From Brigadier General George Weedon
Fredericksburg [Va.] March 30th 1778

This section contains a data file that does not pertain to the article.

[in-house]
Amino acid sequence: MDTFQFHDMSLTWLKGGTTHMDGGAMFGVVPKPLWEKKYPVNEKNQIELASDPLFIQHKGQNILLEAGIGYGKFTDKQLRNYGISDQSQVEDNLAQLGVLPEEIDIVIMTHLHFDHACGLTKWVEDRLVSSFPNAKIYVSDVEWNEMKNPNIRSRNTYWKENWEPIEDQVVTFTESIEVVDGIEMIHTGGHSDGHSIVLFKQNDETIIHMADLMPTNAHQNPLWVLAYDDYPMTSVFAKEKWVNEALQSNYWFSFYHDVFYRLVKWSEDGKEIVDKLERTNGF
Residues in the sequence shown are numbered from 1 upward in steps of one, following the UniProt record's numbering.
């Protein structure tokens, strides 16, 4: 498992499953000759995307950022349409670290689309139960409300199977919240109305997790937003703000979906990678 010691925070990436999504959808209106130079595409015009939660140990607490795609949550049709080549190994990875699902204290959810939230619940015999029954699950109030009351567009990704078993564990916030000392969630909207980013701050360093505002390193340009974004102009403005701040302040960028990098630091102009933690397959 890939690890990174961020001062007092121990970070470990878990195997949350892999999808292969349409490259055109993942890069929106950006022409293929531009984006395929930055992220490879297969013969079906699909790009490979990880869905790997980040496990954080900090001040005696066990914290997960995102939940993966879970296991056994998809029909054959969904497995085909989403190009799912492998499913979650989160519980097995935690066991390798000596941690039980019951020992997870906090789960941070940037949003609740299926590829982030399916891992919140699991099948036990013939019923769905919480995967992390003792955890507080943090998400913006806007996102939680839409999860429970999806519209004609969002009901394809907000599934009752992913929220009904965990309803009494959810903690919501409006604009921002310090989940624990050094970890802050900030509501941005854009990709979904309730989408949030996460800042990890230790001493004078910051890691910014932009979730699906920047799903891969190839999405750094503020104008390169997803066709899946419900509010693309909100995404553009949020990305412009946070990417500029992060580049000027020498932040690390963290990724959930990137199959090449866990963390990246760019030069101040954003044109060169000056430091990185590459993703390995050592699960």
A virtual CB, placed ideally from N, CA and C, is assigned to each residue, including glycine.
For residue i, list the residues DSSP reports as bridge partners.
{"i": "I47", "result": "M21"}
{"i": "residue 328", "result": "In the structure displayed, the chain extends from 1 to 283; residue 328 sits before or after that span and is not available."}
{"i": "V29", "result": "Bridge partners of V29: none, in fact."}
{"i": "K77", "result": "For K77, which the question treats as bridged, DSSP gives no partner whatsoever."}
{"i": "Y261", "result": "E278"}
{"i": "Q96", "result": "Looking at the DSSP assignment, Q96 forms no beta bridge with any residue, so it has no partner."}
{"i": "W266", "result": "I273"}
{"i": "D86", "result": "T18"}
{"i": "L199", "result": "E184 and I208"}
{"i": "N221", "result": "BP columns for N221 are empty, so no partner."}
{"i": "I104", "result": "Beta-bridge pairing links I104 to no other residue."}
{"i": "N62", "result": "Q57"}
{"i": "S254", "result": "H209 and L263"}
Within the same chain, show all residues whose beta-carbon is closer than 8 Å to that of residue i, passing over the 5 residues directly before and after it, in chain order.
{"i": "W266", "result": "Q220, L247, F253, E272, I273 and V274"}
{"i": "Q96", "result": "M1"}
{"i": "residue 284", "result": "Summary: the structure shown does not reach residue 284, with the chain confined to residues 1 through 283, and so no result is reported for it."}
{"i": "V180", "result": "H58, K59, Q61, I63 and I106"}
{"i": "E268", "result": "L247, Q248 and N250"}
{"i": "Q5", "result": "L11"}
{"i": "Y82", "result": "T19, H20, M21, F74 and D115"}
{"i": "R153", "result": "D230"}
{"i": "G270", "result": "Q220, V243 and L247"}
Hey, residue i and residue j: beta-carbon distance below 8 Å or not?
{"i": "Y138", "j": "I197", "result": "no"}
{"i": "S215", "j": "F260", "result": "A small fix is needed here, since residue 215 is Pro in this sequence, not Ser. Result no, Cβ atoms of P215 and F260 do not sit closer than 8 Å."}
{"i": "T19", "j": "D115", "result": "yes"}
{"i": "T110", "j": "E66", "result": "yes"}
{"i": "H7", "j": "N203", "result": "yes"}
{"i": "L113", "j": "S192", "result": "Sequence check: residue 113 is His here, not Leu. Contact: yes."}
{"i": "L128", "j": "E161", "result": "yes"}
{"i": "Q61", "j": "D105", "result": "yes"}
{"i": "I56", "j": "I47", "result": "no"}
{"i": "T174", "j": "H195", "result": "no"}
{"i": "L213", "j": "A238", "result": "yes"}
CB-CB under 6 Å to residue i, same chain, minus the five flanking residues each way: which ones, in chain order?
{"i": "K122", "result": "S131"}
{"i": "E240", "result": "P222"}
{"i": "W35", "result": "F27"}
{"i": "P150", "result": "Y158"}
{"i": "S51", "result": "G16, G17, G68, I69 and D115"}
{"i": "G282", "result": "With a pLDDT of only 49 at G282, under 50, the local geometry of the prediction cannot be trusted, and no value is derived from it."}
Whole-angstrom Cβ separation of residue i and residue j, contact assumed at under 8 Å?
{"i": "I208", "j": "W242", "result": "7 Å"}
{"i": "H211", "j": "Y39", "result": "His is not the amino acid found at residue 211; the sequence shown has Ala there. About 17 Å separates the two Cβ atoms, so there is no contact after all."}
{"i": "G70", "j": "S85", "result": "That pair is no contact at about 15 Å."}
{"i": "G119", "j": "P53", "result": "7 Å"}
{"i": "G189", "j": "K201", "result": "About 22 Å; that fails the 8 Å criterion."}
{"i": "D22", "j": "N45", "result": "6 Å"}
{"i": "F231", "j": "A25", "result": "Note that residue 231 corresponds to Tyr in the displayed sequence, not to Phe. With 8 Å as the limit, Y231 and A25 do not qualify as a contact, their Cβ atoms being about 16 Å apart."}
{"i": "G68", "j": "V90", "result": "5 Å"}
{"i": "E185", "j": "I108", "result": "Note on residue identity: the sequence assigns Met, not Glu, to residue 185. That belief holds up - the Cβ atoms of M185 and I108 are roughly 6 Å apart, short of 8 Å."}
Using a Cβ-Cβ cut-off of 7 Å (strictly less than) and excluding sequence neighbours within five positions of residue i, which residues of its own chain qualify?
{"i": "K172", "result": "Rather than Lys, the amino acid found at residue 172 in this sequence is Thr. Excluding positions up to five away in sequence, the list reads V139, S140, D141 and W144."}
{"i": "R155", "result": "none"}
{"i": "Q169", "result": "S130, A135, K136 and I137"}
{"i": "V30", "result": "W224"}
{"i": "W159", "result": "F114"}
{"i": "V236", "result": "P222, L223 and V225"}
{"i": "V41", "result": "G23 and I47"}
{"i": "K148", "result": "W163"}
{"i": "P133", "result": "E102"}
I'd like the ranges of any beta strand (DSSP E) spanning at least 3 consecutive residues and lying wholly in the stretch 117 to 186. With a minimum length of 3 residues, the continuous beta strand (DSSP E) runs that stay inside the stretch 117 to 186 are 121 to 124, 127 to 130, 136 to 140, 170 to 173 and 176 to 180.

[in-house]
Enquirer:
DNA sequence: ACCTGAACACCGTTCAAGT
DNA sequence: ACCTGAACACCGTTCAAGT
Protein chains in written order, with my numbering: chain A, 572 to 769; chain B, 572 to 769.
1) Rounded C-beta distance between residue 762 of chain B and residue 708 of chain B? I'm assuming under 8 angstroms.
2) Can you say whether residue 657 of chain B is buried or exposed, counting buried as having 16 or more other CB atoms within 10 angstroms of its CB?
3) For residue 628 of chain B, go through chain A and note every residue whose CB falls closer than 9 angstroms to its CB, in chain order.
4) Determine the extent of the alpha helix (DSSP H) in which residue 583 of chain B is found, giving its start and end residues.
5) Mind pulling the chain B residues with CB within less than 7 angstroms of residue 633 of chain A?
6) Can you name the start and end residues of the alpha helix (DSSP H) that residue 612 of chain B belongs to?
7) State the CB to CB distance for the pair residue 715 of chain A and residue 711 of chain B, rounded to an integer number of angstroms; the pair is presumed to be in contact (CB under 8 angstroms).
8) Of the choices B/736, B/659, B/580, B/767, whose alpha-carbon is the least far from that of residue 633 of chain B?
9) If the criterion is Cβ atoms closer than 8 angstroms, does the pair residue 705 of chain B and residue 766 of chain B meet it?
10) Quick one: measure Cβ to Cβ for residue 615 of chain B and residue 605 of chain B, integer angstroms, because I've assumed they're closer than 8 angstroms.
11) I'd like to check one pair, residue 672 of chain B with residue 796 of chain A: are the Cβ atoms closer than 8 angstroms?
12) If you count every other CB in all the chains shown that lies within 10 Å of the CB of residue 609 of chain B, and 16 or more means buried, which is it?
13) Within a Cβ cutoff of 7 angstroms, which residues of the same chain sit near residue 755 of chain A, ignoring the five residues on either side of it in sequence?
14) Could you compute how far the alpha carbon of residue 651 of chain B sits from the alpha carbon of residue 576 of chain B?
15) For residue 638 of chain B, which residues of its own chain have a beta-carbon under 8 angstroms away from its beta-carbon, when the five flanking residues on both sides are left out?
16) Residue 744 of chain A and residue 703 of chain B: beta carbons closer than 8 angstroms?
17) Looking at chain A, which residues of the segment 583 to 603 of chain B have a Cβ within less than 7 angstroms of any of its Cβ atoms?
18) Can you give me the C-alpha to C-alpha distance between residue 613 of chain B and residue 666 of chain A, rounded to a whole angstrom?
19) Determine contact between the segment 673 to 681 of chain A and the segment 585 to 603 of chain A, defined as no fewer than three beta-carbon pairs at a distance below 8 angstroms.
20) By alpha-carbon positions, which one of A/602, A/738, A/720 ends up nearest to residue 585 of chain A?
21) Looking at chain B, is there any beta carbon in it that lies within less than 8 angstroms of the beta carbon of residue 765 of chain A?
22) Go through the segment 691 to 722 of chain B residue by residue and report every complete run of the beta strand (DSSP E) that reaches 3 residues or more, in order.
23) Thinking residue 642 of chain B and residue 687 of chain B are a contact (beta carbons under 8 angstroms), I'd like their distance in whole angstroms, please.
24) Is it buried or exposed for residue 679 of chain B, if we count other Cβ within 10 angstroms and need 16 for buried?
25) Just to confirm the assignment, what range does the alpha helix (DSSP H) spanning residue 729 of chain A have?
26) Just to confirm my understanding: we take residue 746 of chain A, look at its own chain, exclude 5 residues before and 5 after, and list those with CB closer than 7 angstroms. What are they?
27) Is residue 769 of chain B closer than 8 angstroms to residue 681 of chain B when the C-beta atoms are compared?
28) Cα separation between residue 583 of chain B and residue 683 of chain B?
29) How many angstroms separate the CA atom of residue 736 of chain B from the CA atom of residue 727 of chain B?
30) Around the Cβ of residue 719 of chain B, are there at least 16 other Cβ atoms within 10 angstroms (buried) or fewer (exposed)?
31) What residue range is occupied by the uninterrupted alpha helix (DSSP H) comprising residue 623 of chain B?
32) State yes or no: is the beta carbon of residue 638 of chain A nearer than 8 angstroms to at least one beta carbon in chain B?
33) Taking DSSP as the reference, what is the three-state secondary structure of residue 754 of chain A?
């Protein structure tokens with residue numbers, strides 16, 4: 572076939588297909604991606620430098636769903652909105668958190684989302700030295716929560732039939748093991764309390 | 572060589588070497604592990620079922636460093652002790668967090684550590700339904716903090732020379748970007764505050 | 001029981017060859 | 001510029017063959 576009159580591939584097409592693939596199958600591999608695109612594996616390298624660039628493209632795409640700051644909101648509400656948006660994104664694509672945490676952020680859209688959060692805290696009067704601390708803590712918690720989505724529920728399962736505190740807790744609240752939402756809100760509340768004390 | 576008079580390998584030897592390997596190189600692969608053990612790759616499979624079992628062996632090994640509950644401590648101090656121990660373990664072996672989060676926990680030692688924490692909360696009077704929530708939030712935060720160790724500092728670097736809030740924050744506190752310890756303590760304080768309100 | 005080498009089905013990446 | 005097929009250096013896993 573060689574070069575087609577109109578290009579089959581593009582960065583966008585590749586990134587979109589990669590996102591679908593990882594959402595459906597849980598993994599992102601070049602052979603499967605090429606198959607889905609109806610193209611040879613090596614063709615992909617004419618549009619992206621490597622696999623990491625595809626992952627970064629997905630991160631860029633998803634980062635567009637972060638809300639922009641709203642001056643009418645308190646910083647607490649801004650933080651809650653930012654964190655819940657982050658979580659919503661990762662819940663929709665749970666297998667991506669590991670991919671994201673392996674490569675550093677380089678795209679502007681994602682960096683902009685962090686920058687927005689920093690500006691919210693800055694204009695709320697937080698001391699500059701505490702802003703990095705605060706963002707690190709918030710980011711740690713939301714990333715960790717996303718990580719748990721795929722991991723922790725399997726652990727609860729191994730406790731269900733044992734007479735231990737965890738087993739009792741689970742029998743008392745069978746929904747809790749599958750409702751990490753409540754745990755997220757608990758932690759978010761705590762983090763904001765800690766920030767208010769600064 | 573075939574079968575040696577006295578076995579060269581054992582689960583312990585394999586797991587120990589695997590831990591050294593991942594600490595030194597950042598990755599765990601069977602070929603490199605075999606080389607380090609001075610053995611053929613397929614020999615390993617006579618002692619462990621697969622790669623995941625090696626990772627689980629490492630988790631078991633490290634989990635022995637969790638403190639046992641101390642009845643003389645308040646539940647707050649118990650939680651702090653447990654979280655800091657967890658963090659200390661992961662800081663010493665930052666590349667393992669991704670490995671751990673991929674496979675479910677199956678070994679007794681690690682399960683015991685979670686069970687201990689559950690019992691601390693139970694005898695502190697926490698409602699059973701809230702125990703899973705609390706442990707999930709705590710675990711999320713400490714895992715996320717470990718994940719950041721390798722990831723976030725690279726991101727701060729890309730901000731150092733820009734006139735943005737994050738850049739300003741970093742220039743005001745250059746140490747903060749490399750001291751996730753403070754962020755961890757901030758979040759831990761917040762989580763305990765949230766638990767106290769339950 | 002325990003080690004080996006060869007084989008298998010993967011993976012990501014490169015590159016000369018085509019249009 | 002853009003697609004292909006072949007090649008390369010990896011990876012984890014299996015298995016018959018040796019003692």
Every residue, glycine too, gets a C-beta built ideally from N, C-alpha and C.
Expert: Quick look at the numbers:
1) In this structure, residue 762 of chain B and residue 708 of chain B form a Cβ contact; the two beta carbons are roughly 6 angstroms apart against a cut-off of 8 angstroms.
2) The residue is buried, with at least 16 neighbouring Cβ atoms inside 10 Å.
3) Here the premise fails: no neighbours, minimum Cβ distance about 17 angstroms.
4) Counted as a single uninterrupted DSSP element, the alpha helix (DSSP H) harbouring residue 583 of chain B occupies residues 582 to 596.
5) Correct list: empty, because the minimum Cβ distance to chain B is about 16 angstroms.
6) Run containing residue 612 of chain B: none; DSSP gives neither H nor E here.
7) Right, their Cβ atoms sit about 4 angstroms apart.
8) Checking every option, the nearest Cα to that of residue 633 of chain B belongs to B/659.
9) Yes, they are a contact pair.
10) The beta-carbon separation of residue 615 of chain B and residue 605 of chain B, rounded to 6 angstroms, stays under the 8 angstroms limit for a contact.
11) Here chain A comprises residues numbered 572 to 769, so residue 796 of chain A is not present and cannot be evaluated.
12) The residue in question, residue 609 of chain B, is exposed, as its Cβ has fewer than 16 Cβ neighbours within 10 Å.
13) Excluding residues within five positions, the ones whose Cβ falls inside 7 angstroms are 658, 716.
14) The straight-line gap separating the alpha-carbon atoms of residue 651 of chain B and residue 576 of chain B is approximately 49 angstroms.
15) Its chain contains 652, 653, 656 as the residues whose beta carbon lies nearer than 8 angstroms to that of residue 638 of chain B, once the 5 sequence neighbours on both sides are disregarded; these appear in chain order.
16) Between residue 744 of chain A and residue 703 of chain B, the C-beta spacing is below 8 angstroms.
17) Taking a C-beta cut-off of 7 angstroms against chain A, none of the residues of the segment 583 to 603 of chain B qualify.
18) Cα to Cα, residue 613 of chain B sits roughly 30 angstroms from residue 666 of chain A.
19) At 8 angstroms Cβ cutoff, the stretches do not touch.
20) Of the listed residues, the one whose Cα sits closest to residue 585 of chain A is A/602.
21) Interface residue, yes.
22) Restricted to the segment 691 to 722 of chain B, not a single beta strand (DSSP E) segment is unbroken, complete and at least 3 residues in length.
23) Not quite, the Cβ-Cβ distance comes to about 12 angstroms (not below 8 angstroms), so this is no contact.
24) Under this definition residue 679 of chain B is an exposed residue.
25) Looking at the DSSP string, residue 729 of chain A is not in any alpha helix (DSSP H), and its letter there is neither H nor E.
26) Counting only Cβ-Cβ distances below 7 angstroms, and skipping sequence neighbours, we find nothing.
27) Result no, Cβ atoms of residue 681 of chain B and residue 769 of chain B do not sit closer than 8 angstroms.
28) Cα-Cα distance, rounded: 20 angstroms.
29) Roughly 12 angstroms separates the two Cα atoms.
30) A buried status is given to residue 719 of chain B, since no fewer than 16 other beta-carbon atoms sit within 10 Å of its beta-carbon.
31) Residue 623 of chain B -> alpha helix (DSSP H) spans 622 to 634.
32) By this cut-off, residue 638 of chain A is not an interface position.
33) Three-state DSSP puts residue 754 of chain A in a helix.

On my ariving in Virginia found that the resolution of our assembly respecting the draught had been carried into effect,1 but imprudently the men alloted for the Service ware allowed to disperse on furlough instead of being immediately sent on. From this unguarded measure I much dread a very considerable Dimunition of their Numbers, as most of the Counties that have already sent forward their men, have been more or less Deficient. I was apprehensive this would be the case and wrote the Govenor requesting his special Order to the County Lieutenants to have them assembly’d immediately and sent on under the Command of Continental Officers, And previous to your Excellencies orders of the 20th Inst.2 (which was only yesterday Communicated to me) Several had passed this place who ware Directed to be Innoculated at the first Convenient Post, And am advised that at Alexandria there are Sixty, and at George Town between 3 & 400 including the North Carolina Regiment that are under Innoculation and will in a short time be able to proceed. The 2d State Regiment with Draughts from the lower Counties (a return of which I inclose you)3 Arrived in Town last Night, and shall March to day, Colonal Smith who Commands them brought Orders from the Govenor to Innoculate at Alexandria,4 I have however sent them by the Routs of Leesburg, Nolands Ferry,5 and Frederick Town in Maryland as free’st from the Smallpox, and much the best and Nearest way. Colo. Smith is furnished with your Excellencies Directions, which shall also be punctually observed by the parties that follow. The reason of the state Regiments being so weak, 300 it seems of them, ware under Innoculation at York, and will march as soon as able. I shall set of[f] for Head Quarters immediately after the sale of Genl Mercers estate which will be on the 16th of next Month,6 and shall in the meantime use every exertion to forward reinforcements, Am sorry however to inform your Excellency that a Continuence of my Service is uncertain, as by a late report of a board of officers, sent to Congress, I am informed they have deranged the Virginia line, of General officers and after my serving so long as second in Command, have given boath Woodford & Scott precedence of me.7 The instan<ce> of General Woodfords relitive pretentions is without Example, your Excellency knew my determination if that took place long before I left Camp, and I hope you will not look on my adopting the Measure so near the Approach of a Campaign as incompatable with the Gentleman, and officer, I ask but justice in the known tract of all Armies and defye the world to produce such another instance as Woodfords, unless to get rid of a worthless Officer, who Stood in the way of a favorite. I can conster8 his being put over me at this day, (after what has passed) in no other language and am sure you know too much of the feelings of an officer who knows he has done his duty, while in office, than to blame me for resenting it.